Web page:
Kass, who had been staring at the wall pensively, glanced over at him and smiled. “Your friendship is already an immense boon to me. Sleep well.” He paused. “Let us look forward to brighter days ahead.”
“Yes, let’s,” Pharazon said. Lying down, he continued to watch the Eyrie for a moment. He still trusted Kass. Pharazon had just gone through his own time of doubt and come out victorious, and he was confident Kass would, too. The innocent Eyrie that Pharazon and Celice had met in the woods was gone—but perhaps something better had taken his place. Kass was a fighter, there was no doubt about that.
Pharazon rolled over. “Good night.”
“Good night,” Kass said, and in the hush that followed, Pharazon fell back asleep.
The chirping of Beekadoodles woke Pharazon, and with a lethargic snort he realised it was morning. The shutters were closed, allowing only thin slivers of morning light in, and it was cold as he pulled himself out of bed.
Then he noticed he was the only one in the room. Kass’s bed was neatly made, but the Eyrie was nowhere in sight.
Panic squeezed Pharazon’s chest. He scrambled to the door and out into the hallway, and thought to go to Jhudora’s and Celice’s room. The door was unlocked, and neither of them were inside, either.
He hadn’t wanted to jump to conclusions, but now Pharazon was honestly starting to worry that they might have taken off without him. But he was tired of letting his fears control him. There had to be a better explanation. Perhaps they were downstairs.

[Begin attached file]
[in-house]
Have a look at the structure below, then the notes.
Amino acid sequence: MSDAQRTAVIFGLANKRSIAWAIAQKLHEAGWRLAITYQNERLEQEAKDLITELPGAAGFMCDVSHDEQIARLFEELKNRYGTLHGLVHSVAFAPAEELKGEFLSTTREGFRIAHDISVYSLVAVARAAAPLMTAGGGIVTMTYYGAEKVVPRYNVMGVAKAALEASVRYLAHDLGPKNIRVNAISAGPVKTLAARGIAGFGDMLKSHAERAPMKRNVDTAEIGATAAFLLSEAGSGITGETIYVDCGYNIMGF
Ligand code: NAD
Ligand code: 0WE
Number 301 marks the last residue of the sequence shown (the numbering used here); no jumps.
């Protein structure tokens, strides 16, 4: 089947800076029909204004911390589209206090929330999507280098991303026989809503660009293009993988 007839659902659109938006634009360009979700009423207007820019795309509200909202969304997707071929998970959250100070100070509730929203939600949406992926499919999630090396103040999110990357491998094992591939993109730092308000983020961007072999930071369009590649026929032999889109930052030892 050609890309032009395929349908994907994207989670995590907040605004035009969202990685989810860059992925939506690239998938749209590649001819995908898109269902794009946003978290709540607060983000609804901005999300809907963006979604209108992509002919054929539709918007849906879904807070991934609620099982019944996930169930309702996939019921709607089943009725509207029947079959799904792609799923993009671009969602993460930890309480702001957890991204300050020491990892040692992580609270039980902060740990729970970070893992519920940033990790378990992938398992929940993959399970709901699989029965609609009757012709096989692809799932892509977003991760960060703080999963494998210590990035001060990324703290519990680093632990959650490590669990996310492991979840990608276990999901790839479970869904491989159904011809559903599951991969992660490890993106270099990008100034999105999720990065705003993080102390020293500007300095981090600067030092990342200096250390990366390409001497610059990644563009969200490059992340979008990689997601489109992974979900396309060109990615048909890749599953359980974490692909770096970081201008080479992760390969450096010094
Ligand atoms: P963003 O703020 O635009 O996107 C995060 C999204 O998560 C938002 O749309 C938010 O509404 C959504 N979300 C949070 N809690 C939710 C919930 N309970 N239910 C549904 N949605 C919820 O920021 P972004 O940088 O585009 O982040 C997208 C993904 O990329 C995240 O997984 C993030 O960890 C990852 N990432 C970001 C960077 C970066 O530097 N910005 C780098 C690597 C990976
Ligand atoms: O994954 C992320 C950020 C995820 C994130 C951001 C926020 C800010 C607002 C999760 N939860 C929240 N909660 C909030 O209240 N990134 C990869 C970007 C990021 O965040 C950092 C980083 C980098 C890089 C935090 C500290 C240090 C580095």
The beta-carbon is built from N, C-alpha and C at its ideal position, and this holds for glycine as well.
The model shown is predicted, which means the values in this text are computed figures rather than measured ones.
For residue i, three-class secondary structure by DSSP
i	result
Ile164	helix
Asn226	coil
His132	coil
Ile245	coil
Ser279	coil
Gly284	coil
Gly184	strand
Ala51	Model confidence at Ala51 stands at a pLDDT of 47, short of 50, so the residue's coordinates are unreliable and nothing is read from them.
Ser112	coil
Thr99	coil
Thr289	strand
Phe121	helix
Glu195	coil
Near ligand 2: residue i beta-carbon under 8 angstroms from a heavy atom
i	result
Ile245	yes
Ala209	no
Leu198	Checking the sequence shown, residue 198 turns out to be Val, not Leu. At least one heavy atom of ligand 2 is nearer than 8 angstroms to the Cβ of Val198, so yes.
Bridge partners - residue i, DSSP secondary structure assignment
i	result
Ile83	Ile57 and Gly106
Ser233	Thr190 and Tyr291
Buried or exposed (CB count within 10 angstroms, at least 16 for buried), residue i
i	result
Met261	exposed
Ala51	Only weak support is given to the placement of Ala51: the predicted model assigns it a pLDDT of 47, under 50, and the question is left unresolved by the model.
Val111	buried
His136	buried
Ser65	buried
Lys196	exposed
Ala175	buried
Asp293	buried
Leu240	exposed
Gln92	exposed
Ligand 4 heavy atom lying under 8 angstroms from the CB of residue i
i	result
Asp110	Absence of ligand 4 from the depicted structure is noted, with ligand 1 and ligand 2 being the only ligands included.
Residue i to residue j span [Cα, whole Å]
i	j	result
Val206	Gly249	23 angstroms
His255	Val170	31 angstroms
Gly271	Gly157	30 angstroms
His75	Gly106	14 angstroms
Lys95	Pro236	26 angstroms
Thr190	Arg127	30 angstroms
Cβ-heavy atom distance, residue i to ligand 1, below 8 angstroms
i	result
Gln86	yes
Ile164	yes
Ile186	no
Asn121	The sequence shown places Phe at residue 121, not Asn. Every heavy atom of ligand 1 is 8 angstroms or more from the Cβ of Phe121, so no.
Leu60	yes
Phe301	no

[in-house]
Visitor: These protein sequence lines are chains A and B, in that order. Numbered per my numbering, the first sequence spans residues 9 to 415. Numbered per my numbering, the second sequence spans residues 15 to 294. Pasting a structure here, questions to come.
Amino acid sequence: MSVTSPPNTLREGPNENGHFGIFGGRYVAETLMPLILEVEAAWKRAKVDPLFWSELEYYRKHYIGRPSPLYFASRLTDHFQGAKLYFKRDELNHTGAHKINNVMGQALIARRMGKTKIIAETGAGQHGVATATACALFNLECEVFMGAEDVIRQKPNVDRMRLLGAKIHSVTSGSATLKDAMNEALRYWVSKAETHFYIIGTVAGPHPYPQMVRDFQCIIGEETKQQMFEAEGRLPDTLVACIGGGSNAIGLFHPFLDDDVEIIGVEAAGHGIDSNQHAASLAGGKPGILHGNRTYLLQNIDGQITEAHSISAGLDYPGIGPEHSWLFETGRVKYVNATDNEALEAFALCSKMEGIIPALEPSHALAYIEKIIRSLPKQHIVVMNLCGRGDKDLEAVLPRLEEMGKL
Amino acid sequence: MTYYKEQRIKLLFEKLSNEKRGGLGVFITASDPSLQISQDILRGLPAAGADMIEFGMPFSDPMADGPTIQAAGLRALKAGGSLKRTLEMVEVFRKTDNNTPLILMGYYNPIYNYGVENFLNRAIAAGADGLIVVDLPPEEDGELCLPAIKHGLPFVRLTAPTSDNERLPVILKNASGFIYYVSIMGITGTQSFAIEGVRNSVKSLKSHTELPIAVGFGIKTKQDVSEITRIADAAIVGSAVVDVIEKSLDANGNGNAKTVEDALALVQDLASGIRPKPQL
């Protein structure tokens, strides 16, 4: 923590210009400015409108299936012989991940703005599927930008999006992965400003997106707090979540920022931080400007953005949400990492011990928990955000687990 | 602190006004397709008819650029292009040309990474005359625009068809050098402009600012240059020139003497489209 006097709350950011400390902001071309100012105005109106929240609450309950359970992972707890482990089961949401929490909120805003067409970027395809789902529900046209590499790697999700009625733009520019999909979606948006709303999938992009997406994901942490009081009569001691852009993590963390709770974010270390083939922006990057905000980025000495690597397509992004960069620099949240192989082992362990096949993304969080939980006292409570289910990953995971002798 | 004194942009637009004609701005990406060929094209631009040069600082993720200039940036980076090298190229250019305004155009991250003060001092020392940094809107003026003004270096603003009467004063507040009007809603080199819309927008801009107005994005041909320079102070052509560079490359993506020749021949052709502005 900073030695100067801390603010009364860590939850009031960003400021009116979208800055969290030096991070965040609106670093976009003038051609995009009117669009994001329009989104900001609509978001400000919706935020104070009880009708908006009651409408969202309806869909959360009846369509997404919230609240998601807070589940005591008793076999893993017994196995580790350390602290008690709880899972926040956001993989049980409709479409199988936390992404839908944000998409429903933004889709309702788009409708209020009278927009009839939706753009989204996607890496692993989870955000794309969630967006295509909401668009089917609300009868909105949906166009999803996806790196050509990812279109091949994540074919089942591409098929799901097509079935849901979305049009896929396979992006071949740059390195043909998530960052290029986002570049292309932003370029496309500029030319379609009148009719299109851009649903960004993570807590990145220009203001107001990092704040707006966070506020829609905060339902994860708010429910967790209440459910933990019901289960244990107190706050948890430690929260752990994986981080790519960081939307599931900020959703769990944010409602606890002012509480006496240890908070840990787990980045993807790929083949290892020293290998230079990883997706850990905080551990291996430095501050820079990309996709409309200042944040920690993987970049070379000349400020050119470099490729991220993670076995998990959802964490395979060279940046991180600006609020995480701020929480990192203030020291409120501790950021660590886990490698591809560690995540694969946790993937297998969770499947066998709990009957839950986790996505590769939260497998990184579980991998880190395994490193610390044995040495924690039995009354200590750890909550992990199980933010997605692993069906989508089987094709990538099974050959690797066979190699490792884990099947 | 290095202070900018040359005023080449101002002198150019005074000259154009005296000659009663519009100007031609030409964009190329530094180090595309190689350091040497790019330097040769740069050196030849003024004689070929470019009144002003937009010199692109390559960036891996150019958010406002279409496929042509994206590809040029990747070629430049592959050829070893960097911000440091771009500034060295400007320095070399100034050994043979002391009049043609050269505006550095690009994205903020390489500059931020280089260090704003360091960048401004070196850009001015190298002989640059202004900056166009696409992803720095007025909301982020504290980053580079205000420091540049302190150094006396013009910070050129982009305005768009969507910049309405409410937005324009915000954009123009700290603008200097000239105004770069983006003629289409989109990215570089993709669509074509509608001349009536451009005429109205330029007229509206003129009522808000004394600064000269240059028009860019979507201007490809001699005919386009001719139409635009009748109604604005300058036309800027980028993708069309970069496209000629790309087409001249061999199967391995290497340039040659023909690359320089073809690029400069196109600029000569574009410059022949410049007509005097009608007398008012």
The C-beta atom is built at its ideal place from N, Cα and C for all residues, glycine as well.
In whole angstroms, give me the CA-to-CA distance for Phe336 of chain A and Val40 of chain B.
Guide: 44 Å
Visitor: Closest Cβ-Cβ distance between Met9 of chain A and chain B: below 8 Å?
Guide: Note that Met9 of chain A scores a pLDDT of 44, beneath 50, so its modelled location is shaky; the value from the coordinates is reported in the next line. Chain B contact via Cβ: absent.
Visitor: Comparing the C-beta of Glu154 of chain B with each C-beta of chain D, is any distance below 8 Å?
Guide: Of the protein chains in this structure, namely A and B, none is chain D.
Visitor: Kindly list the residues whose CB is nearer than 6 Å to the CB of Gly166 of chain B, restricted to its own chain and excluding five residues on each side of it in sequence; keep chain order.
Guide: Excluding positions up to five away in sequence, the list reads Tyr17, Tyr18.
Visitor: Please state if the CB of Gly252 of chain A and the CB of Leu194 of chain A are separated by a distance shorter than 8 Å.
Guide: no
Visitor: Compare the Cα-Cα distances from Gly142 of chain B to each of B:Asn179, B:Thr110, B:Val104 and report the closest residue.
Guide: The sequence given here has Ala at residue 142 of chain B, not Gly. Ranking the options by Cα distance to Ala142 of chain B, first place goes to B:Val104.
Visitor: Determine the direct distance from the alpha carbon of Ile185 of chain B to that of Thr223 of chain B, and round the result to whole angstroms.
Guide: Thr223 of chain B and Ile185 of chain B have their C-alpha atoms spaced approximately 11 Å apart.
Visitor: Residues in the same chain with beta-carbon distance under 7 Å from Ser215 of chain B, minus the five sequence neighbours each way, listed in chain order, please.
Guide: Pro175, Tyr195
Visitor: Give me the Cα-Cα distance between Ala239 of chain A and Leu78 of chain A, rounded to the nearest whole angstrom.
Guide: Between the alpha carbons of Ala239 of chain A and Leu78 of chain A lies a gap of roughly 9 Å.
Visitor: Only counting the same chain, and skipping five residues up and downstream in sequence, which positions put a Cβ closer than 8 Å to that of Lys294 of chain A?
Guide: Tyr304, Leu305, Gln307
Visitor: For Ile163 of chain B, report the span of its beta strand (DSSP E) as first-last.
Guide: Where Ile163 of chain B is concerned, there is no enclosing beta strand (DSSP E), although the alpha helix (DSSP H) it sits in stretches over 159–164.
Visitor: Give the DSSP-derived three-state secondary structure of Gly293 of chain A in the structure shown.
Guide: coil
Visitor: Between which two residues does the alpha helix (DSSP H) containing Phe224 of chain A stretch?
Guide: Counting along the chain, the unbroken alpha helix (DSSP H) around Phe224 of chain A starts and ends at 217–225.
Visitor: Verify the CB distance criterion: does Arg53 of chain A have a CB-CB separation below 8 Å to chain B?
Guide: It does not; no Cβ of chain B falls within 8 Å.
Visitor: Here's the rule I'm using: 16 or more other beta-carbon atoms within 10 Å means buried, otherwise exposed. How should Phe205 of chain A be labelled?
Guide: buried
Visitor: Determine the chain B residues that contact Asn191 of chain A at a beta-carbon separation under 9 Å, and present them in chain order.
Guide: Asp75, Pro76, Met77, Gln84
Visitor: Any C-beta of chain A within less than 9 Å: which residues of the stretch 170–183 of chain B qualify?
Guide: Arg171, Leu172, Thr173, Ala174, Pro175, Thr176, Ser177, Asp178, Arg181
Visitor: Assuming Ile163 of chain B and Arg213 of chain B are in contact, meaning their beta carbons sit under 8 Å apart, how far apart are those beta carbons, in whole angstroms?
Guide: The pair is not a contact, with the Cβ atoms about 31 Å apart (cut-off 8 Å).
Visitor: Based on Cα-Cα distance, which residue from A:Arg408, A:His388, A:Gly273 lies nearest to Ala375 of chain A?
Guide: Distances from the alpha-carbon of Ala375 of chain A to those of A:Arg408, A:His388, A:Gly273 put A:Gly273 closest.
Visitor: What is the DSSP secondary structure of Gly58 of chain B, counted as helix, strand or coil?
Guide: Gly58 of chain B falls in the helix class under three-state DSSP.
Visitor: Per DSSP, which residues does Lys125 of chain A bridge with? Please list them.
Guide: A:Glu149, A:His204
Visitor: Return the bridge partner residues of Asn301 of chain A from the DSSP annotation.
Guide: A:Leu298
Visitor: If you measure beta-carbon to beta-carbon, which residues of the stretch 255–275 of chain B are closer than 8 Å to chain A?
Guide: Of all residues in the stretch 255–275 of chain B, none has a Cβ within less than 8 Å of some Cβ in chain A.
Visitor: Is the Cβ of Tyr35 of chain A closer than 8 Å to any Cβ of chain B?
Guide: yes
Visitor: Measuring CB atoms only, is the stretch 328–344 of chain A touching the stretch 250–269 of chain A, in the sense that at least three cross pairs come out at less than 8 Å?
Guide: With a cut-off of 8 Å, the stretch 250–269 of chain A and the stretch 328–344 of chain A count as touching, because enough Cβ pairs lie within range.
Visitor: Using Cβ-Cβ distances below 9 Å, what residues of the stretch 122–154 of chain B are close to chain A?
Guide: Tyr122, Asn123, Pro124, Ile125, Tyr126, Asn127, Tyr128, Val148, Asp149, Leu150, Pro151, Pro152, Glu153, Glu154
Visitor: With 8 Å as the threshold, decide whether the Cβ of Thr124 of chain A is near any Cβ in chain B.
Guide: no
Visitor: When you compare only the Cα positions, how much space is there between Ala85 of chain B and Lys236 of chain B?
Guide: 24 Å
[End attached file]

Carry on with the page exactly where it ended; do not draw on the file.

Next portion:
Unable to control himself, he fluttered his wings and shot down the stairway. The bottom floor of the inn was not as busy as last night, although scattered patrons still sat around tables, eating breakfast.
“Pharazon!” And there, waving at him from one of the tables, was Celice. To either side of her sat Jhudora and Kass, and mugs of steaming borovan and plates of eggs and sausage were spread out in front of them.
The Draik’s heart leaped. “I’m so glad you guys are still here!” he said as he nearly collided with the Lupe.
She wrapped him in a big hug and scooted a plate and a mug toward him. “I’m sorry, we must have given you a scare. But we decided to let you sleep for a little longer. Our friend was just about to go wake you, actually.” She motioned to Kass with her snout.
“Don’t worry,” the Eyrie said. “They know. That I know, I mean.” He was still wearing Pharazon’s scarf, but had tied back his long grey hair with a strand of yarn from one of the scarf’s tassels.
“Good,” Pharazon said with a smile before tucking into his eggs. It seemed as though neither of them were taking it very hard.
“Pharazon, I’m so sorry about last night,” Celice said. “It was rough… this is definitely one of the strangest things I’ve ever gone through. But Jhudora and I got to talking… and I’m okay now. Let’s all go to Market Town, the four of us.”